WERNER HEISENBERG (1901 - 1976)

was one of the greatest physicists of the twentieth century. He is best known as a founder of quantum mechanics, the new physics of the atomic world, and especially for the uncertainty principle in quantum theory. He is also known for his controversial role as a leader of Germany's nuclear fission research during World War II. After the war he was active in elementary particle physics and West German science policy.


The Early Years:

Family Matters

High School Student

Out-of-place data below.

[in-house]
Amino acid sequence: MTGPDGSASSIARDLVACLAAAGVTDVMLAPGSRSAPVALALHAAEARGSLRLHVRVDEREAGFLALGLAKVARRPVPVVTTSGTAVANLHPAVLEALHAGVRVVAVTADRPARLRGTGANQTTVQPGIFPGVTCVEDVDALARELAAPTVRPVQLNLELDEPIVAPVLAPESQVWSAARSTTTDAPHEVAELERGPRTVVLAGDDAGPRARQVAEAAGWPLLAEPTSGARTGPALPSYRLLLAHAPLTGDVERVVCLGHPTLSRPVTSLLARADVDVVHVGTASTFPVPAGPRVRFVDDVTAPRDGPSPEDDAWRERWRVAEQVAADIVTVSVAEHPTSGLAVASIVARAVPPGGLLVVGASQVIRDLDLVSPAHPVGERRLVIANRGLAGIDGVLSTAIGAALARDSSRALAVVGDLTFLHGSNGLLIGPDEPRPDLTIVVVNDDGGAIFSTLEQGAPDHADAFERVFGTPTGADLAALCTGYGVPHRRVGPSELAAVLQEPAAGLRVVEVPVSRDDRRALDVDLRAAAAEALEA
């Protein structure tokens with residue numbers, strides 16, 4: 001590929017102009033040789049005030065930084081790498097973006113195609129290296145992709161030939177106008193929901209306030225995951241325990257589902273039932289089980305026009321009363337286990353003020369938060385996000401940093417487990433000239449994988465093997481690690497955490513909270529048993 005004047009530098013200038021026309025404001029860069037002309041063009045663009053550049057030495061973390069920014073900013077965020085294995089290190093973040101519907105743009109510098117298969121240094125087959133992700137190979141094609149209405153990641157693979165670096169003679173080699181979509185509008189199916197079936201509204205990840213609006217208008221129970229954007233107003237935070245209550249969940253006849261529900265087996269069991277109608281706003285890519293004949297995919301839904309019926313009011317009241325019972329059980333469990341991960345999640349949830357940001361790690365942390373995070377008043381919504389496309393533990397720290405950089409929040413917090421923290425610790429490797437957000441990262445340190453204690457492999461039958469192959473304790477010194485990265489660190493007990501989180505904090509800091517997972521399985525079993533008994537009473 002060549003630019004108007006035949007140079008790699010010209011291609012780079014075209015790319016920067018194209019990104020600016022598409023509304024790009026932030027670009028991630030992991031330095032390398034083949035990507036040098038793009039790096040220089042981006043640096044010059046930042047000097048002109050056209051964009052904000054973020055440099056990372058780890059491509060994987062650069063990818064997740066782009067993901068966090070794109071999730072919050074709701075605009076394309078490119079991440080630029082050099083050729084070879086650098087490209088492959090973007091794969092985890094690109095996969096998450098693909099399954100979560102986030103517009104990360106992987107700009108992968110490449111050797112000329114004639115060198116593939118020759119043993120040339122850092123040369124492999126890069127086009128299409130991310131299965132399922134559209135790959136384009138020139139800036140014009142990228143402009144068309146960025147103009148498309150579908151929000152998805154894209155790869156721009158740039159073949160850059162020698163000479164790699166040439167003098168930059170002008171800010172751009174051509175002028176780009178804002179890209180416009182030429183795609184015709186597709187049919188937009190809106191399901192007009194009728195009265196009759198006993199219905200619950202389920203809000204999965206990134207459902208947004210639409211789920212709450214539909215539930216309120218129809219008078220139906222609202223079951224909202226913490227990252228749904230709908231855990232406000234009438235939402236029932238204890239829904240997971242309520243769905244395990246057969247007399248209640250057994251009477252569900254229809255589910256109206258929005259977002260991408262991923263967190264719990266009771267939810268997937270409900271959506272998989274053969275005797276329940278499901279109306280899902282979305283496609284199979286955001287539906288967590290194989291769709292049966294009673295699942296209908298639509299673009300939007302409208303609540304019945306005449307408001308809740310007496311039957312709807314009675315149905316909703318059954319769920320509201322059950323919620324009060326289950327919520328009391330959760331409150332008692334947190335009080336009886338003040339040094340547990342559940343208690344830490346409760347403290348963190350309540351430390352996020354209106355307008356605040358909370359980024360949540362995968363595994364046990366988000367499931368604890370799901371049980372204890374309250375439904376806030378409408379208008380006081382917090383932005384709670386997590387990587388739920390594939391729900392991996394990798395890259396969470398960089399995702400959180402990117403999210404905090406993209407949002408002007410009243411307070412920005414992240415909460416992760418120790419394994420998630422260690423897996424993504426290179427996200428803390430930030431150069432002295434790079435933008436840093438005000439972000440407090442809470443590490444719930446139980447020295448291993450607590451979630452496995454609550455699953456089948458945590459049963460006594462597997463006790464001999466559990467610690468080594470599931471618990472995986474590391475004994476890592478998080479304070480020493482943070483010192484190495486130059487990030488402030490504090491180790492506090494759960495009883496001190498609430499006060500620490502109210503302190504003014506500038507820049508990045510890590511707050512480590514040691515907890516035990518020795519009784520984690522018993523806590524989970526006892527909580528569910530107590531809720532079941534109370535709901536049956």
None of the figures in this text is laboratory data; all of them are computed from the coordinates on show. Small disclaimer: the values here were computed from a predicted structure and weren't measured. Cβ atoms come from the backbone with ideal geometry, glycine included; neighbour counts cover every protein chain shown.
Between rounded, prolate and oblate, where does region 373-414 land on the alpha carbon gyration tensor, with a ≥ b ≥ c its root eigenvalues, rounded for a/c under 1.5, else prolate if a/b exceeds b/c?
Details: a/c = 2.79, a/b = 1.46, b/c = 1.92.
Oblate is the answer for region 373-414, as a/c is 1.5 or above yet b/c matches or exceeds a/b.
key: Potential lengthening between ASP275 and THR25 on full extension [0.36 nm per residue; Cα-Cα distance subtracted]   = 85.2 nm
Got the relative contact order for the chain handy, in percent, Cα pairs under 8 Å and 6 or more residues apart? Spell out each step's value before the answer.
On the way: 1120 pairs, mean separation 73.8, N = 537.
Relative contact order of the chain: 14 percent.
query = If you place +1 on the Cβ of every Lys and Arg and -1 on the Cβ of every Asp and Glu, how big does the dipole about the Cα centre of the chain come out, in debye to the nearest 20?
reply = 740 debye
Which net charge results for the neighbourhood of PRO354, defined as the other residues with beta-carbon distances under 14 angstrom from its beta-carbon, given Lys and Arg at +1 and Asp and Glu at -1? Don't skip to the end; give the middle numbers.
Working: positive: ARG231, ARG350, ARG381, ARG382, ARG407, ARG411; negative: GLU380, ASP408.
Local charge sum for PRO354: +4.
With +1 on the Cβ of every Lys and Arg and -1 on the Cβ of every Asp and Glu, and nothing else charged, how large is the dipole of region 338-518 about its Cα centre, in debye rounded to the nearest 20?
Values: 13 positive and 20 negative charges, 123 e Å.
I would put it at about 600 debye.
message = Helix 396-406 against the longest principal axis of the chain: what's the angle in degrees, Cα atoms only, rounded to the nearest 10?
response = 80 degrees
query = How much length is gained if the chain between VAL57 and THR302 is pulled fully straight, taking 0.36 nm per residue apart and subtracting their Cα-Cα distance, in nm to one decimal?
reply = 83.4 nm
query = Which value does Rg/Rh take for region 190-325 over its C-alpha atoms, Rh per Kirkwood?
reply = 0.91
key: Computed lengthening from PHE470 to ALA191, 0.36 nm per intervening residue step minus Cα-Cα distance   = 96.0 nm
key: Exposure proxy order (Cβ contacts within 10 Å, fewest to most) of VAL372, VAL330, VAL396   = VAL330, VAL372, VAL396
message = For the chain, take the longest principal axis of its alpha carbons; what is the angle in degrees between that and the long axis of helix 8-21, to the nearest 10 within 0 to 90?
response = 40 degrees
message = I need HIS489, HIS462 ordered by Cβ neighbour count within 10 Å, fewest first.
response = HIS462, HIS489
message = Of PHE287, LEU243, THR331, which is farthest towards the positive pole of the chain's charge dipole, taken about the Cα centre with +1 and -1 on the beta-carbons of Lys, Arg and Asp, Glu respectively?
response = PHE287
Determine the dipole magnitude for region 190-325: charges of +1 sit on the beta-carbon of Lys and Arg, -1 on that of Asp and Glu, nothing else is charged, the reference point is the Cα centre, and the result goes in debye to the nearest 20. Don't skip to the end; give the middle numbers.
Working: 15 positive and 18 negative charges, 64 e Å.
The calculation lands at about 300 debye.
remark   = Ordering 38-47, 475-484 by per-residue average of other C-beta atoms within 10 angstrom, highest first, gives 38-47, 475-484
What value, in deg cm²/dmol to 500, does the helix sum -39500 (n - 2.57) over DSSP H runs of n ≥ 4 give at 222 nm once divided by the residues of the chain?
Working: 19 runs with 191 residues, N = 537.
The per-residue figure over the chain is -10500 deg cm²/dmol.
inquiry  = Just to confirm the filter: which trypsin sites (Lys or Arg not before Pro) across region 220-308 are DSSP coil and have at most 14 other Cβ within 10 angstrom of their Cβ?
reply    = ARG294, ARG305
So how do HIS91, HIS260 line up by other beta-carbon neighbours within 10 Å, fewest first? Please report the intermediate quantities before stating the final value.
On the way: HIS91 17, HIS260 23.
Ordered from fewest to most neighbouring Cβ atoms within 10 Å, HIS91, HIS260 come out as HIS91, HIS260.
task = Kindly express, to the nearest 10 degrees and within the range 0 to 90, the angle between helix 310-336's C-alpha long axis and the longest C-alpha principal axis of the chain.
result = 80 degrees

The Youth Movement

Student Years:

University Student

The Sad Story of Heisenberg's Doctorate

Quantum Mechanics:

Quantum Mechanic

The Uncertainty Principle

Triumph of the Copenhagen Interpretation

The Difficult Years:

Professor in Leipzig

Heading Fission Research

The Post-War Era:

Reviving German Science

"Physics and Philosophy"

"Physik und Philosophie"

More Information:

Brief Chronology

Further Reading

Index of Site Topics and Special Features


This site is brought to you by David C. Cassidy, Hofstra University, and by the Center for History of Physics of the American Institute of Physics. Site created 11/98, revised 5/02. Bibliography of Heisenberg's Writings, by David Cassidy, added 3/01.
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Bibliography of Heisenberg's Writings Comments? Send us your feedback!

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